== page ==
Taking a Blacksmithing Class Is an Invaluable Investment

At this time of writing this I have been blacksmithing for 3 years. Of that only the past year has been serious. By that I mean I’ve been trying to turn blacksmithing into a business where prior to that it was a hobby I did for a few hours every few months. While I can claim 3 years of experience, it’s really only been 1 year in my mind because that’s when I really dug in.

I’m just setting the stage a bit here. I don’t have 30 years experience. I haven’t done an apprenticeship or any sort of formal training. I am, like most anyone reading this, someone who found an interest in blacksmithing and pursued it through reading, videos, and a lot of trial and error.

Also, at the time of writing this I have taken 2 classes for blacksmithing and that’s what we’re chatting about today.

Why Take a Blacksmithing Class?

Simple question – why take a blacksmithing class? You can find countless videos on YouTube, find various blacksmithing forums, and read books so why spend the time and money on a class?

While all those mediums will give you information and help you out they will not instruct you. I’ve watched hundreds of hours of videos, read quite a few books, and been through forums for tips and tricks, but they are all one-dimensional. I’m watching or reading the information with no feedback. Nobody is watching over my shoulder to see the mistakes I make and offer suggestions.

While those other forms of education are wonderful they are no substitute for a class. I absolutely recommend watching videos and reading but above all I recommend taking a class.

It’s an Investment in Your Future

It’s not easy to find the time to take a blacksmithing class, especially if you’re looking at a 4-5 day one. They are also rather expensive and it can be hard to come up with the money. However, a class is an investment in your future as a blacksmith. Whether you’re a hobbyist who is looking for guidance or a professional seeking to improve your skills, a class is an invaluable investment.

The time you spend in a blacksmithing class is time you save down the road. Taking 5 days off to take a class may seem like time away from your forge but what you are gaining are skills and experience that’s going to better help you maximize that time forging. You’re not losing time but improving the time spent.

Likewise with the money you spend to take the class. The skills you gain in taking that class will repay you a hundred-fold on the items you find yourself now able to forge. You will be able to expand your knowledge and skills which translates into new products you can sell or improving things you’ve already done.

You’re investing in yourself and your craft and that’s something many of us forget to do.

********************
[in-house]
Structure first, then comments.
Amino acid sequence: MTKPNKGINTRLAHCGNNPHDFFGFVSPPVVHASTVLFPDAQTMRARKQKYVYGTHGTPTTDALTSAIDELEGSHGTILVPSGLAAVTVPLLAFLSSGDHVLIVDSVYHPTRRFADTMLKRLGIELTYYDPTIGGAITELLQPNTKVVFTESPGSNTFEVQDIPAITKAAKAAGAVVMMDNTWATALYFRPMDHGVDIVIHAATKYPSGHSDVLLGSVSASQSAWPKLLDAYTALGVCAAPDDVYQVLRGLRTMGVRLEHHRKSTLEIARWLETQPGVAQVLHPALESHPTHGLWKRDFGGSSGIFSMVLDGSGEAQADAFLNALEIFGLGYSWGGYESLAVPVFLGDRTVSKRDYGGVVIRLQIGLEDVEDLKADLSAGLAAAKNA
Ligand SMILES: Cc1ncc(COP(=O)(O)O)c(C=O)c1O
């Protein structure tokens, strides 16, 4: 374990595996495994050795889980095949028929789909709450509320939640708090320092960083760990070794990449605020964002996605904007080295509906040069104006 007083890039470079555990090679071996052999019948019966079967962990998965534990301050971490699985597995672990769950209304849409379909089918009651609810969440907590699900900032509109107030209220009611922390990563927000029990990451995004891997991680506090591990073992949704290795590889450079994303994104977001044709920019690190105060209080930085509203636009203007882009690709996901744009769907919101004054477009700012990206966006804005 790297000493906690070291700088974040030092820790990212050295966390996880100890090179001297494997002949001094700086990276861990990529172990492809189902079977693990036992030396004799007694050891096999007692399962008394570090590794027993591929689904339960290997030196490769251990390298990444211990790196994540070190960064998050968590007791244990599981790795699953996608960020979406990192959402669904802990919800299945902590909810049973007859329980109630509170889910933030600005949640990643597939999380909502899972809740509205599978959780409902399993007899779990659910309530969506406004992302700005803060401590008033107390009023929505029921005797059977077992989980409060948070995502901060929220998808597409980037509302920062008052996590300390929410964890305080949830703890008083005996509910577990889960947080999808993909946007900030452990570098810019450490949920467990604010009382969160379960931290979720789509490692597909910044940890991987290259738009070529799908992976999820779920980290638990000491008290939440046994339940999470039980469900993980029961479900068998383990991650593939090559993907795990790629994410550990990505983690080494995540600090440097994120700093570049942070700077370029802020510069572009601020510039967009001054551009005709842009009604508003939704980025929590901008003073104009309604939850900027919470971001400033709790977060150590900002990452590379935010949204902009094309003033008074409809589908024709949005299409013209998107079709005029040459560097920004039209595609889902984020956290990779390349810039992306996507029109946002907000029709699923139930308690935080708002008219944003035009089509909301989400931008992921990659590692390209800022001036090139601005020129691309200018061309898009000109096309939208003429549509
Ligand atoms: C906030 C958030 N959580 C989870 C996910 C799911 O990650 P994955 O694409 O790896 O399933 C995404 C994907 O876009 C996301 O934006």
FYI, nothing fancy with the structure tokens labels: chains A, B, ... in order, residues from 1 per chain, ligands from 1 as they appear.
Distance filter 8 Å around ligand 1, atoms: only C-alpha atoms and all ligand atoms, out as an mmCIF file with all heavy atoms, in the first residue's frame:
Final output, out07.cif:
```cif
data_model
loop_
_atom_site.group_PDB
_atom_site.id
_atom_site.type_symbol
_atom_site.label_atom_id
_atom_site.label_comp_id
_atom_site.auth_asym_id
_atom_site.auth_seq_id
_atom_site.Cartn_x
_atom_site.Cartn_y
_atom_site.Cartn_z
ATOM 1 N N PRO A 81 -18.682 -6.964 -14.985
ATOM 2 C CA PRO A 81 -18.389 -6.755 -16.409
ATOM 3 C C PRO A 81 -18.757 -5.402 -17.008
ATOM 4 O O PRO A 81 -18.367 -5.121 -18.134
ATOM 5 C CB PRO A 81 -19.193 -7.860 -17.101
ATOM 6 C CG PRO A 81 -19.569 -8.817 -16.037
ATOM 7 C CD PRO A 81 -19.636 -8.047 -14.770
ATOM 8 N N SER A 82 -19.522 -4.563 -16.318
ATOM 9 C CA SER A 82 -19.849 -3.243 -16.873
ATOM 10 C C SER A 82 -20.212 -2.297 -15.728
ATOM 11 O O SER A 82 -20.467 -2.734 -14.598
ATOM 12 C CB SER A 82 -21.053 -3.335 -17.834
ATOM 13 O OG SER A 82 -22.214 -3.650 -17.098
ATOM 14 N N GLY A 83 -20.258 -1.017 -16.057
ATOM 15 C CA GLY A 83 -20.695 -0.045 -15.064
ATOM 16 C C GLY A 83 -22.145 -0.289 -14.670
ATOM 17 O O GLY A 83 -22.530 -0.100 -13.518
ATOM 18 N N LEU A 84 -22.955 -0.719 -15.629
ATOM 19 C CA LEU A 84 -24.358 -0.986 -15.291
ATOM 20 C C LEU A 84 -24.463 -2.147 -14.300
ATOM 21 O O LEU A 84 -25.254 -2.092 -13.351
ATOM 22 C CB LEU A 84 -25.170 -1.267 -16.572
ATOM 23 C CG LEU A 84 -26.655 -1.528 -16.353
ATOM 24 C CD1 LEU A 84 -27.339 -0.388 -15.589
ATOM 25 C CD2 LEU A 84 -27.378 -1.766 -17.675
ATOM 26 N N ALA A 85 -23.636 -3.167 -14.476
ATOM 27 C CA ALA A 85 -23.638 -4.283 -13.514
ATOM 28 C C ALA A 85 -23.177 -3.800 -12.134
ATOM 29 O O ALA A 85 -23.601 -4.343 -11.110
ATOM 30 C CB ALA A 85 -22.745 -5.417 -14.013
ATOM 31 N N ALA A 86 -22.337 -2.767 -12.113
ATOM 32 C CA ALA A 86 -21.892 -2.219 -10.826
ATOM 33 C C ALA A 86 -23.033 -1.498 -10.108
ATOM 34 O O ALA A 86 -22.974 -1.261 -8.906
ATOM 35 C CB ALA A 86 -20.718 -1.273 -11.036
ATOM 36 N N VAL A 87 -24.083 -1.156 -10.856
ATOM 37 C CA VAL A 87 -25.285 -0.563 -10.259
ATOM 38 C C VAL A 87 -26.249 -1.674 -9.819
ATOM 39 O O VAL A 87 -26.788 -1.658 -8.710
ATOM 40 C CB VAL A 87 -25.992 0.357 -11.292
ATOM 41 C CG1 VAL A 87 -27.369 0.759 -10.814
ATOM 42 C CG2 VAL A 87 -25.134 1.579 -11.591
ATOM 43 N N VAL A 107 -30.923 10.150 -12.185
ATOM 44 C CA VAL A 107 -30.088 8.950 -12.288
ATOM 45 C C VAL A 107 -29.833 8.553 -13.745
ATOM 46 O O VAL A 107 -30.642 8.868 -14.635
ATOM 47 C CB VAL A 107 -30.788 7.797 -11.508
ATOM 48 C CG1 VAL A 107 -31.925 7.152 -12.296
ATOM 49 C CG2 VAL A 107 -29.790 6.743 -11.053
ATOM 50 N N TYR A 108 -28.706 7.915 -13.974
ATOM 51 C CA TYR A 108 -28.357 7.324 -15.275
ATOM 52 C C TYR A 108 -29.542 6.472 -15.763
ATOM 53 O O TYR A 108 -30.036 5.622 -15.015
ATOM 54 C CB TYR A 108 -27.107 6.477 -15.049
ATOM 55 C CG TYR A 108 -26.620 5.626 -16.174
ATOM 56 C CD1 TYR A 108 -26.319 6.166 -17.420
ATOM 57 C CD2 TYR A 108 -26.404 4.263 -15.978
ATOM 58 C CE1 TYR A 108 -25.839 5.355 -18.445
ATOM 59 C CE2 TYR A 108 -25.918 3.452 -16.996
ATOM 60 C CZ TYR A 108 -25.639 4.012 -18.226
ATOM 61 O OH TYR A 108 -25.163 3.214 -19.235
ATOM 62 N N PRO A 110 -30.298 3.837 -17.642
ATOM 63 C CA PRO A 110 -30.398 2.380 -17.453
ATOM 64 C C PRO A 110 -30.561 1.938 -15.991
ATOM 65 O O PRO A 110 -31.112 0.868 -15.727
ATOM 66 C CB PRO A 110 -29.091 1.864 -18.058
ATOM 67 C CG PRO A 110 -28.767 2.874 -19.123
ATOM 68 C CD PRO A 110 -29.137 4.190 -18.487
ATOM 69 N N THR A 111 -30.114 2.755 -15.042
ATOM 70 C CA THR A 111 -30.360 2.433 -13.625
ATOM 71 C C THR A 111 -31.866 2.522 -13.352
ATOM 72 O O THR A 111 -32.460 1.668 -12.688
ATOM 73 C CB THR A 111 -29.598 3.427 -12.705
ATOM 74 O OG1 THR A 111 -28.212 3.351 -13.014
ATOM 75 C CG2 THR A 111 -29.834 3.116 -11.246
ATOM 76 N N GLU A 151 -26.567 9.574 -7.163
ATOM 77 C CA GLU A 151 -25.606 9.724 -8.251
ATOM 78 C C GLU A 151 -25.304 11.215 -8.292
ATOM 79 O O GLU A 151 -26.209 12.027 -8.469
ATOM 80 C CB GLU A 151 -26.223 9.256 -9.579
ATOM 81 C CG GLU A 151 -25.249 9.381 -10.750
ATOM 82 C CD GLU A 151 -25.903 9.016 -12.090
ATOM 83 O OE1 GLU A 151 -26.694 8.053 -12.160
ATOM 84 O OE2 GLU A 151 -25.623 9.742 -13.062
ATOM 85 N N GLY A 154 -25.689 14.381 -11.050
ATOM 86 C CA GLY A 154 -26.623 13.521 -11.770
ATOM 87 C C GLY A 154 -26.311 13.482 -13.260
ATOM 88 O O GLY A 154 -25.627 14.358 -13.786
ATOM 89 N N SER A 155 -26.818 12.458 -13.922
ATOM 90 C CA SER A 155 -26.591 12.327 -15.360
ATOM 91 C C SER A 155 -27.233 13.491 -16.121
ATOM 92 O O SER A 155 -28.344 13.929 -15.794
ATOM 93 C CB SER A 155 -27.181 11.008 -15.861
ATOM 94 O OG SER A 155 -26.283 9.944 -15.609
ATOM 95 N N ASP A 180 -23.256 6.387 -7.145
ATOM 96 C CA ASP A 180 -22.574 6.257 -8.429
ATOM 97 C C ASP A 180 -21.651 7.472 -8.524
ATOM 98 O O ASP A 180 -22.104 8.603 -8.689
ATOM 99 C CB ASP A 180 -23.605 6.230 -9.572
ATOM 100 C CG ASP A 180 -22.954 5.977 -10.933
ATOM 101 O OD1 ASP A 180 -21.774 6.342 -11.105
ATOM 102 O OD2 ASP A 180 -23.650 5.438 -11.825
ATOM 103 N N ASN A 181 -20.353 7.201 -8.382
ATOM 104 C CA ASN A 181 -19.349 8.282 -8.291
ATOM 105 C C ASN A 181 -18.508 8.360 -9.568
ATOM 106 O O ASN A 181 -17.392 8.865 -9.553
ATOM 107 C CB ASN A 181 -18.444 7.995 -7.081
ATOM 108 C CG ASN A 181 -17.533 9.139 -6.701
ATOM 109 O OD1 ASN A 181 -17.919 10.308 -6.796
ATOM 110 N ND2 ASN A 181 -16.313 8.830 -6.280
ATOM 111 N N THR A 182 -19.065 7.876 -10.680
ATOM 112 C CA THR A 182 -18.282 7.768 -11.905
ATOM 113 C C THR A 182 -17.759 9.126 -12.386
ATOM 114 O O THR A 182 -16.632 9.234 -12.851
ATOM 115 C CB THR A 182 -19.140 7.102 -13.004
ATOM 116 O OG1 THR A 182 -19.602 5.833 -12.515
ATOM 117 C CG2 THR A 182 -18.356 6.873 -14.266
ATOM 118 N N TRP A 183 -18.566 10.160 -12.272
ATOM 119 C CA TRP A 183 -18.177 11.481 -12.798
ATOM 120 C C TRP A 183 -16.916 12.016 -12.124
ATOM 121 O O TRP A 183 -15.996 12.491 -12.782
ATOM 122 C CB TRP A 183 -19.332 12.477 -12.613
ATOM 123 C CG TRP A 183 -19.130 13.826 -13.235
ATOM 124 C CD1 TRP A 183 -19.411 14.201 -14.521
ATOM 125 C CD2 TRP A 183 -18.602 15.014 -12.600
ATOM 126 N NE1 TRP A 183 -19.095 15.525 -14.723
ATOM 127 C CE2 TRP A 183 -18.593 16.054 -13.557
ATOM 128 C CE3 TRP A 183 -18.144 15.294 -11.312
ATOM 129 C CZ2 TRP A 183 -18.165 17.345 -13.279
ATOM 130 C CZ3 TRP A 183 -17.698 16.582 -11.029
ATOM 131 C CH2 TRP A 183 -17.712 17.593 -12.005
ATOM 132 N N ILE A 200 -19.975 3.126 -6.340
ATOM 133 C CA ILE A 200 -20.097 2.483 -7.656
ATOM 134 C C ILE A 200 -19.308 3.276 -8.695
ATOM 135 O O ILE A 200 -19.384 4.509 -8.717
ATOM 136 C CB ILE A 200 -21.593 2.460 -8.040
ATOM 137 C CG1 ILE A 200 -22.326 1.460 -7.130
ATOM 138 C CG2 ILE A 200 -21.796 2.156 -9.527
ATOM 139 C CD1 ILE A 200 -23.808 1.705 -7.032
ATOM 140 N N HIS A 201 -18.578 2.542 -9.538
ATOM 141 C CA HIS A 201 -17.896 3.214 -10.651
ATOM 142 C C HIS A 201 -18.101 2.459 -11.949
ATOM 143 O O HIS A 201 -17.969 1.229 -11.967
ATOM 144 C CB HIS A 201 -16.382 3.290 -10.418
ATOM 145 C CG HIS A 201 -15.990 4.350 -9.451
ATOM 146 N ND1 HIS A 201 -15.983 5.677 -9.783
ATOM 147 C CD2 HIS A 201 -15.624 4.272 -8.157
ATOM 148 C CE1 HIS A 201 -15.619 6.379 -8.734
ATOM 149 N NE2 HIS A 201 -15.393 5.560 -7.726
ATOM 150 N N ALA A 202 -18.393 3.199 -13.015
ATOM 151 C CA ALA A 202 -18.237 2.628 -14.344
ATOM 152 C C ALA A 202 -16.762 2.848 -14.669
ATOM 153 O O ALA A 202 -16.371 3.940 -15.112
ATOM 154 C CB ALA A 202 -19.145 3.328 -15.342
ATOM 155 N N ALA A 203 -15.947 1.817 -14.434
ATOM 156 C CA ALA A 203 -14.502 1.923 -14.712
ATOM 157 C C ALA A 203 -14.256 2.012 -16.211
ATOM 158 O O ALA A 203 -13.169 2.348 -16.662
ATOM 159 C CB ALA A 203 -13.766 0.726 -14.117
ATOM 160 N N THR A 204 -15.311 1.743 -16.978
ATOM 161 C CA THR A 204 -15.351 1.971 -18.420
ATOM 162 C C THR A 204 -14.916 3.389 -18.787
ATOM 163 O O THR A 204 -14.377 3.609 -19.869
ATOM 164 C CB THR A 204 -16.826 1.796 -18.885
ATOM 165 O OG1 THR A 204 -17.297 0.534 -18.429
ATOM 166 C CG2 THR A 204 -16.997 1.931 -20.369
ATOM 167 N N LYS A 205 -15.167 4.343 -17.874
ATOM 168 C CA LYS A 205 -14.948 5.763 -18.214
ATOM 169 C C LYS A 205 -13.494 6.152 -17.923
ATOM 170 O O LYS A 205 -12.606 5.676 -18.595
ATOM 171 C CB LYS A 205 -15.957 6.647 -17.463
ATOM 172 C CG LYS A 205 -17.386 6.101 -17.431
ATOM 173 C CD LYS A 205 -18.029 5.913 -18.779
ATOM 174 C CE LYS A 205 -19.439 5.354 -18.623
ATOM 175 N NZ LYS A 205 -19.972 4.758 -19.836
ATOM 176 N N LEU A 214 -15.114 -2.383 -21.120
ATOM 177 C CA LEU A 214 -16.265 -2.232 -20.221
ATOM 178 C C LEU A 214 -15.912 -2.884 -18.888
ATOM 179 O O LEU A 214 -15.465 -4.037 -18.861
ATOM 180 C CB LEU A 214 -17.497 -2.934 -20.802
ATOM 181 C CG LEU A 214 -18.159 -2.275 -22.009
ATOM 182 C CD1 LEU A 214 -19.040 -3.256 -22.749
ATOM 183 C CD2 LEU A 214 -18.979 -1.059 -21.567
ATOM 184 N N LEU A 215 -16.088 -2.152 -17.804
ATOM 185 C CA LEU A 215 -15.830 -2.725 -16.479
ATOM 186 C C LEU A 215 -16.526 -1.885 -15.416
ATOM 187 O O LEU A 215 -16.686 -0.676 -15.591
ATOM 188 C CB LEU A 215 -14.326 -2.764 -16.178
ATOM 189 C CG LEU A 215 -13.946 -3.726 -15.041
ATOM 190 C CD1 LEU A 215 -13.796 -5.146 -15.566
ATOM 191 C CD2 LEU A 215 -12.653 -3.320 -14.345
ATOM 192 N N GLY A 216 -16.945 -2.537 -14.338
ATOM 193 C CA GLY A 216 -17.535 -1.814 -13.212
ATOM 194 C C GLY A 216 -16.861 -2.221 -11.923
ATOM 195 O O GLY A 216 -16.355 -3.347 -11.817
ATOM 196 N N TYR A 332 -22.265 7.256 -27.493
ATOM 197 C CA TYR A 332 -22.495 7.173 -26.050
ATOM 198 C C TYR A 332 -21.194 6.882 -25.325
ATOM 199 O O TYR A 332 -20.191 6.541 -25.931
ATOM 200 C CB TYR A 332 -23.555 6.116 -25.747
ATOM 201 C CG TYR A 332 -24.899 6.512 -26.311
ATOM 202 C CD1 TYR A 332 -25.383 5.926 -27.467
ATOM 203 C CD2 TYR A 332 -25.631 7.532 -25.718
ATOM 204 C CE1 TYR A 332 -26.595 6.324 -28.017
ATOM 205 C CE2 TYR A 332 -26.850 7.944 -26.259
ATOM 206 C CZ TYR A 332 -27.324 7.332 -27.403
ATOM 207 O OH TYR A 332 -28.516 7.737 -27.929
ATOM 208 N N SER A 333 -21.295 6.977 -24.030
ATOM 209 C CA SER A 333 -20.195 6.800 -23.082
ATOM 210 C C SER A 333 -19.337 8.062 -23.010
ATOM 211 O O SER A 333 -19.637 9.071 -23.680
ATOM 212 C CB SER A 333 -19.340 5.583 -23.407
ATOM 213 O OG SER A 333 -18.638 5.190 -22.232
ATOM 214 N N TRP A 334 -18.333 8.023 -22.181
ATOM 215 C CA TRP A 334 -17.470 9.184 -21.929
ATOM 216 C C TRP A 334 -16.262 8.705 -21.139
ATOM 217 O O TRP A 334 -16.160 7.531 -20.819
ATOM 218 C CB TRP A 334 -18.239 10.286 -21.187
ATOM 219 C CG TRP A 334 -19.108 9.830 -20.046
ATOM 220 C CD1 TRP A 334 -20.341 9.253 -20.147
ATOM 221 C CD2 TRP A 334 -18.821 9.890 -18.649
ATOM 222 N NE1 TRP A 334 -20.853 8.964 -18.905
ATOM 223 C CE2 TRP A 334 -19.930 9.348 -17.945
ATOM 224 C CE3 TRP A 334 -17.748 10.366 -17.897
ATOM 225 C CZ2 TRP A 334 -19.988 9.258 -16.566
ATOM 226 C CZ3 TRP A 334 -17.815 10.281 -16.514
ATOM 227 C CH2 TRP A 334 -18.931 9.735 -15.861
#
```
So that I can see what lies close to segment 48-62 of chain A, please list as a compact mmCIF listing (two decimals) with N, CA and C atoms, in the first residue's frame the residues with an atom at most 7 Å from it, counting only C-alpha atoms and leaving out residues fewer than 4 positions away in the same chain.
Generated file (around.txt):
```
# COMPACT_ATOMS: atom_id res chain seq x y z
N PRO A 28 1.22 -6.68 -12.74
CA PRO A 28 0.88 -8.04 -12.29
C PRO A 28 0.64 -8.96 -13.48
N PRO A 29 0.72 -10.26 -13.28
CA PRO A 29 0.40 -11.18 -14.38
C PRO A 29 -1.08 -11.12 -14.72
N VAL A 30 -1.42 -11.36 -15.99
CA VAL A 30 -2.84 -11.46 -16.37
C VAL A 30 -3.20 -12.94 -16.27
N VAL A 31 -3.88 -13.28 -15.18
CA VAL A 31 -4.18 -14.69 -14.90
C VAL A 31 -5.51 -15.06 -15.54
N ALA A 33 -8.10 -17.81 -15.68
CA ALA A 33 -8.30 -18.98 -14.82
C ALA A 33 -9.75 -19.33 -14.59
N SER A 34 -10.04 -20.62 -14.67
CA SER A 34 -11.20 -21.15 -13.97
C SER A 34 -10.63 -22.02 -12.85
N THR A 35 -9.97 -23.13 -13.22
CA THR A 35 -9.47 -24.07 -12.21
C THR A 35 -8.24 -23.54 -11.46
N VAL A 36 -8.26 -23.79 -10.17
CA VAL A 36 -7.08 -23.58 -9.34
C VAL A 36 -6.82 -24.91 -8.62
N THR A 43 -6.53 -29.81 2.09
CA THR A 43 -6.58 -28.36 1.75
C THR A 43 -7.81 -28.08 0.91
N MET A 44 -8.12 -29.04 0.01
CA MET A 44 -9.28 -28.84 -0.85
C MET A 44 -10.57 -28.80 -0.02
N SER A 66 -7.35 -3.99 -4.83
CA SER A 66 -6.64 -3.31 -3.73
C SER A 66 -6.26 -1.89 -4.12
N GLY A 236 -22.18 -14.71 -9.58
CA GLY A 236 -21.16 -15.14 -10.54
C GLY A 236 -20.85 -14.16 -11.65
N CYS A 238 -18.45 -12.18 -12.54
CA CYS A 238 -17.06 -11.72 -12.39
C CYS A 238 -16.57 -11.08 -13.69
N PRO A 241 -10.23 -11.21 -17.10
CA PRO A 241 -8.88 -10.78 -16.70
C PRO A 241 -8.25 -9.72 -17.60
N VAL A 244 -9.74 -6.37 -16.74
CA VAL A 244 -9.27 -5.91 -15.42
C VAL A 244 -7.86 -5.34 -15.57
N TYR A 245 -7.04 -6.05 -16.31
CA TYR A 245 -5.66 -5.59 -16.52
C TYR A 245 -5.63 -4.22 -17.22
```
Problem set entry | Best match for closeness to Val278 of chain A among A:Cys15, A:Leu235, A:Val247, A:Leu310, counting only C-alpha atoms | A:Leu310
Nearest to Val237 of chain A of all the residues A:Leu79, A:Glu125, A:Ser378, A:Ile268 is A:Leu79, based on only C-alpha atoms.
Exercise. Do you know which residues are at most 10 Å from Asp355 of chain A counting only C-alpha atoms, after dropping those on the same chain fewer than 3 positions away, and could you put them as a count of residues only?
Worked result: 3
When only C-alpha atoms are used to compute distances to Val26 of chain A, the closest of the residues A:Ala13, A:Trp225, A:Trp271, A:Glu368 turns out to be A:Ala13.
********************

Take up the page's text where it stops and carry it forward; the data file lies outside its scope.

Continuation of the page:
What You Learn May Not Be What You Think

As I prefaced, I’ve only taken two blacksmithing classes. One was at New England School of Metalwork in Auburn, Maine. The other was with Mark Aspery at The Ball and Chain Forge in Portland, Maine. Both times I’ve taken classes I walked away with so much more than I thought I would.

For me the big takeaway with the classes wasn’t what I learned to make. That’s not why I took them. I took those classes to learn under exceptionally skilled blacksmiths. In taking these classes it’s about all those little things you learn like hammer control, different or better techniques to achieve a result, order of operations when forging something complicated, etc.

When you take a class you are learning from the instructor’s experience. Having a smith with 30+ years of experience show you how to do something means you are gaining insights into a process they have spent decades honing. That expertise has shown me better and easier ways to do things I’ve done before. It’s helped me correct common mistakes and to correct them the right way. It has shown me how to be more deliberate with my hammer blows. The list is endless.

My point is while you may take a class based on the subject matter, also take that class because of who is teaching it. When the class is over and it’s a few years later you may not remember exactly how to make that gate latch or fire poker but you will remember all those little lessons from your teacher that helped you become a better blacksmith.

Tony (Thor) with Mark Aspery

In Closing

If you’ve been on the fence about taking a blacksmith class, then I strongly urge you to do so. Set aside a few bucks here and there to save for it. Look as far ahead as you can at a class list and put in for some time off if you need to. Whatever you have to do in order to take a class is worth it.

Invest in yourself, invest in your craft, and you’ll never regret it.

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